Thursday, March 02, 2006

Literacy in the Seventeeth Century

This post owes a great deal to (among other works ) David Cressy, ‘Literacy in context: meaning and measurement in early modern England’ in John Brewer and Roy Porter (eds), Consumption and the World of Goods (Routledge, 1993), 306.

Literacy was an ambivalent indicator of cultural attainment
(a) It was by no means a necessity. A mark had the same legal standing as a signature. And many activities, particularly rural ones, did not need literacy. Every community contained at least one literate person, who could meet the needs of his illiterate neighbours (Cressy, 310).
(b) The oral and print cultures interacted. Jests and proverbs that originated in folklore appeared in printed editions. Printed ballads were head by illiterate bystanders. Sermons were delivered orally but many of them were also printed. Proclamations were proclaimed as well as posted. The town crier was ‘a walking, shouting bulletin board (Cressy, 311)’ who had to be literate as he had to deliver his information from a text delivered in writing.
(c) There was a spectrum between illiteracy and full literacy, an ascending order of accomplishments from the simple ability to read the letters of the alphabet to full fluency in handling sophisticated texts.
(d) A hierarchy of skill may have developed as readers learned to decipher writing in different forms. The commonest was Black Letter (Gothic) print, used in the ABC horn book, the catechism and much popular literature. Black Letter printing continued throughout the 17th century, especially for ballads, almanacs and publications aimed at the less educated reader. More sophisticated publications used Roman type.

Reading, by its nature, leaves no direct record, so there is no reliable guide to the extent of reading ability within the population. But it seems certain that more people could read than could write. Reading and writing were taught as separate skills and often by separate masters.

Reading was seen as a skill that could be taught by anyone, writing required masters; it also required a high level of manual dexterity and initiation into the arts of cutting quills and preparing ink. Only the more privileged reached this level. Because of this, it is often difficult to assess literacy. A mark had the same legal standing as a signature and a clumsy signature may indicate less writing skill than a highly accomplished trade mark.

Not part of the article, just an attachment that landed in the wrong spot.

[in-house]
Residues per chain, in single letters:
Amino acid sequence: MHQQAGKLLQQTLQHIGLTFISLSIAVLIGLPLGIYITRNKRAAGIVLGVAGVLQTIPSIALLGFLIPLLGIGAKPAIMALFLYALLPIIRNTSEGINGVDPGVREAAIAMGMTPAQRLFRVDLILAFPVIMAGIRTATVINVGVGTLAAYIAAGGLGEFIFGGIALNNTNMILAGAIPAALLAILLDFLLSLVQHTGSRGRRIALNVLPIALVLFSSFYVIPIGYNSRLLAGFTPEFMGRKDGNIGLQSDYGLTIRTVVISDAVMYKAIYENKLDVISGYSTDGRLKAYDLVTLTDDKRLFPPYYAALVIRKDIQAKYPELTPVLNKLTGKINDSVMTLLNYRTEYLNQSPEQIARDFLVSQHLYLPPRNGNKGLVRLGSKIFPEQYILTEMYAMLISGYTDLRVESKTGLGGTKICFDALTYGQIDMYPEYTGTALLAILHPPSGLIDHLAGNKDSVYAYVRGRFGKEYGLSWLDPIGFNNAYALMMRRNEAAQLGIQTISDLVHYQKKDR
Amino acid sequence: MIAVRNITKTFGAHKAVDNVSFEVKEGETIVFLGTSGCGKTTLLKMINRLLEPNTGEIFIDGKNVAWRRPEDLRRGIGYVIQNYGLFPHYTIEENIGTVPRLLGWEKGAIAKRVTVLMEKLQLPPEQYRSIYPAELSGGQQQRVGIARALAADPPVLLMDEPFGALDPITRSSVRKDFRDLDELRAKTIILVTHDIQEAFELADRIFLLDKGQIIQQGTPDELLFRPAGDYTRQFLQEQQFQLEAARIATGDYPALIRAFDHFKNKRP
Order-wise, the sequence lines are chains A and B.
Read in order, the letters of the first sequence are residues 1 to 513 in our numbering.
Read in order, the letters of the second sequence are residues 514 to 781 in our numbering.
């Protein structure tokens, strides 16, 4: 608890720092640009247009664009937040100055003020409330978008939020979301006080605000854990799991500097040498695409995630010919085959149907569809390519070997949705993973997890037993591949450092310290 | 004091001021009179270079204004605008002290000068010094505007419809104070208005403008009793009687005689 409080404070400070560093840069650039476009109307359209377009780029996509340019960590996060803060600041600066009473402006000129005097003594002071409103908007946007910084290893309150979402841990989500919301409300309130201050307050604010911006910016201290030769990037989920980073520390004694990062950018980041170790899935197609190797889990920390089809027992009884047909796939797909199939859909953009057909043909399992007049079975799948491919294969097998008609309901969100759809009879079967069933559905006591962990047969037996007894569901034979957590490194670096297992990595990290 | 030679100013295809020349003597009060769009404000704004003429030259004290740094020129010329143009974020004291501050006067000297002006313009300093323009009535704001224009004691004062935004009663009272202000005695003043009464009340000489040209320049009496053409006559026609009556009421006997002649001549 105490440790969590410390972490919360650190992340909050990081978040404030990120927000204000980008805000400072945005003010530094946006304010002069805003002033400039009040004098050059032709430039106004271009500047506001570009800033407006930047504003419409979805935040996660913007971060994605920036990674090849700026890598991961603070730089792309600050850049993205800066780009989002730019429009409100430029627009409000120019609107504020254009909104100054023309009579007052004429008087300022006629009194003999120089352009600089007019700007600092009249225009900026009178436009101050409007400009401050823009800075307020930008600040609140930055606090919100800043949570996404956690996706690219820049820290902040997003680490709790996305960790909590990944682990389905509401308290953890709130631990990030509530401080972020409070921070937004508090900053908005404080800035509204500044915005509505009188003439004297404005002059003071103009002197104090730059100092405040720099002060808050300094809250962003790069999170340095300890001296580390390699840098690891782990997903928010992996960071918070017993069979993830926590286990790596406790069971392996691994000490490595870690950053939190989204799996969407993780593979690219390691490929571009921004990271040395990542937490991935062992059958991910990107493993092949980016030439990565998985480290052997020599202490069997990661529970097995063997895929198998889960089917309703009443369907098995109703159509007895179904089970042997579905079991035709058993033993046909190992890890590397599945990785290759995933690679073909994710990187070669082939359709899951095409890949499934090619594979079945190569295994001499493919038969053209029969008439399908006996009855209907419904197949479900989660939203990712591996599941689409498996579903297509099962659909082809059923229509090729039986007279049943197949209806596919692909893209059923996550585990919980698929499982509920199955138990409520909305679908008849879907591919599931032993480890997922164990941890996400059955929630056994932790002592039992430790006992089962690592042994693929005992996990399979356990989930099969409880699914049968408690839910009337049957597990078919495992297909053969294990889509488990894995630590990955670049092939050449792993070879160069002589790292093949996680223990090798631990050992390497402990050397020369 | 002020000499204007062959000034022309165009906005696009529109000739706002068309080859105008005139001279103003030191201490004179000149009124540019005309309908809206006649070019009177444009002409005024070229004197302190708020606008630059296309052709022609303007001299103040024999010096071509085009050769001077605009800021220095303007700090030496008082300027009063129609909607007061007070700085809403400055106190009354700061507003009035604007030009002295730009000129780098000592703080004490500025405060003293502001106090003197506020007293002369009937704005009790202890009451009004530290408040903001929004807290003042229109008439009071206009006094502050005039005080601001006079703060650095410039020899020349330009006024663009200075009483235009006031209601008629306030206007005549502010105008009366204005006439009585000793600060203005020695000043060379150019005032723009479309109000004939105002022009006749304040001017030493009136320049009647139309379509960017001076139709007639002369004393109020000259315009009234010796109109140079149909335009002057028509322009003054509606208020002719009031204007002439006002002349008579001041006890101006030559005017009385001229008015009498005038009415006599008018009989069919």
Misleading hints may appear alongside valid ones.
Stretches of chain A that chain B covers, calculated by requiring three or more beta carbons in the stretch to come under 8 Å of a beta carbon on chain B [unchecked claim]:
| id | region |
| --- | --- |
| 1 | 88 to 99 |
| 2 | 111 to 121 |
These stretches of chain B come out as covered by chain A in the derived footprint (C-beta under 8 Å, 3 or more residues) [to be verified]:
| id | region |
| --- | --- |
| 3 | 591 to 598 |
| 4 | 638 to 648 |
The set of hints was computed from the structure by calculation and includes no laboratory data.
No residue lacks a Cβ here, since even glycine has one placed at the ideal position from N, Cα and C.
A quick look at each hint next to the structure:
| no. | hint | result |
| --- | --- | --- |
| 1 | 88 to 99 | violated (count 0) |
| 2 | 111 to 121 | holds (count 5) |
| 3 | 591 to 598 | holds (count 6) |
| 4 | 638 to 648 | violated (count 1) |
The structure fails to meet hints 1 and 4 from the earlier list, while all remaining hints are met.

Literacy was closely associated with social and economic position and with gender. In the charity schools boys were often taught writing, while the girls learned to sew.

The statistical evidence for literacy comes from personal signatures. For all their problems as evidence, a clear and convincing pattern emerges. The groups that signed their names are the groups we would expect to possess literacy.

In the middle decades of the 16th century only 20% of adult males in England were able to sign their own names and only 5% of women. By the end of the 17th century 50% of men could sign and 25% of women. There was a long-term trend of growing literacy. The most reliable figures show a gradual though not unbroken improvement in male literacy from 10% in 1500 to 25% in 1714 and 40% in 1750.

Within this trend, there was considerable variation. There was an elite of aristocrats, gentry and rich merchants who were almost totally literate by 1600. Shopkeepers were 95% literate by the 1770s. Most labourers could not read at all. The highest literacy levels were in London: female literacy rose from 22% in the 1670s to 66% in the 1720s. Cressy, 314, describes this female literacy as precocious and states that ‘the women of Mrs Aphra Behn’s London were as literate as men in the countryside’. Literacy was higher for City-born women than for immigrants, higher for those born after 1660 and higher for those engaged in needle trades and shop keeping than as servants, hawkers and washerwomen.

A few more figures:
The gentry, clergy, merchants, tradesmen were literate.
Among village artisans: ½ to ¾ could not sign. There was 90% illiteracy among thatchers and miners.
30% of yeomen and 80% of husbandmen could not sign their names.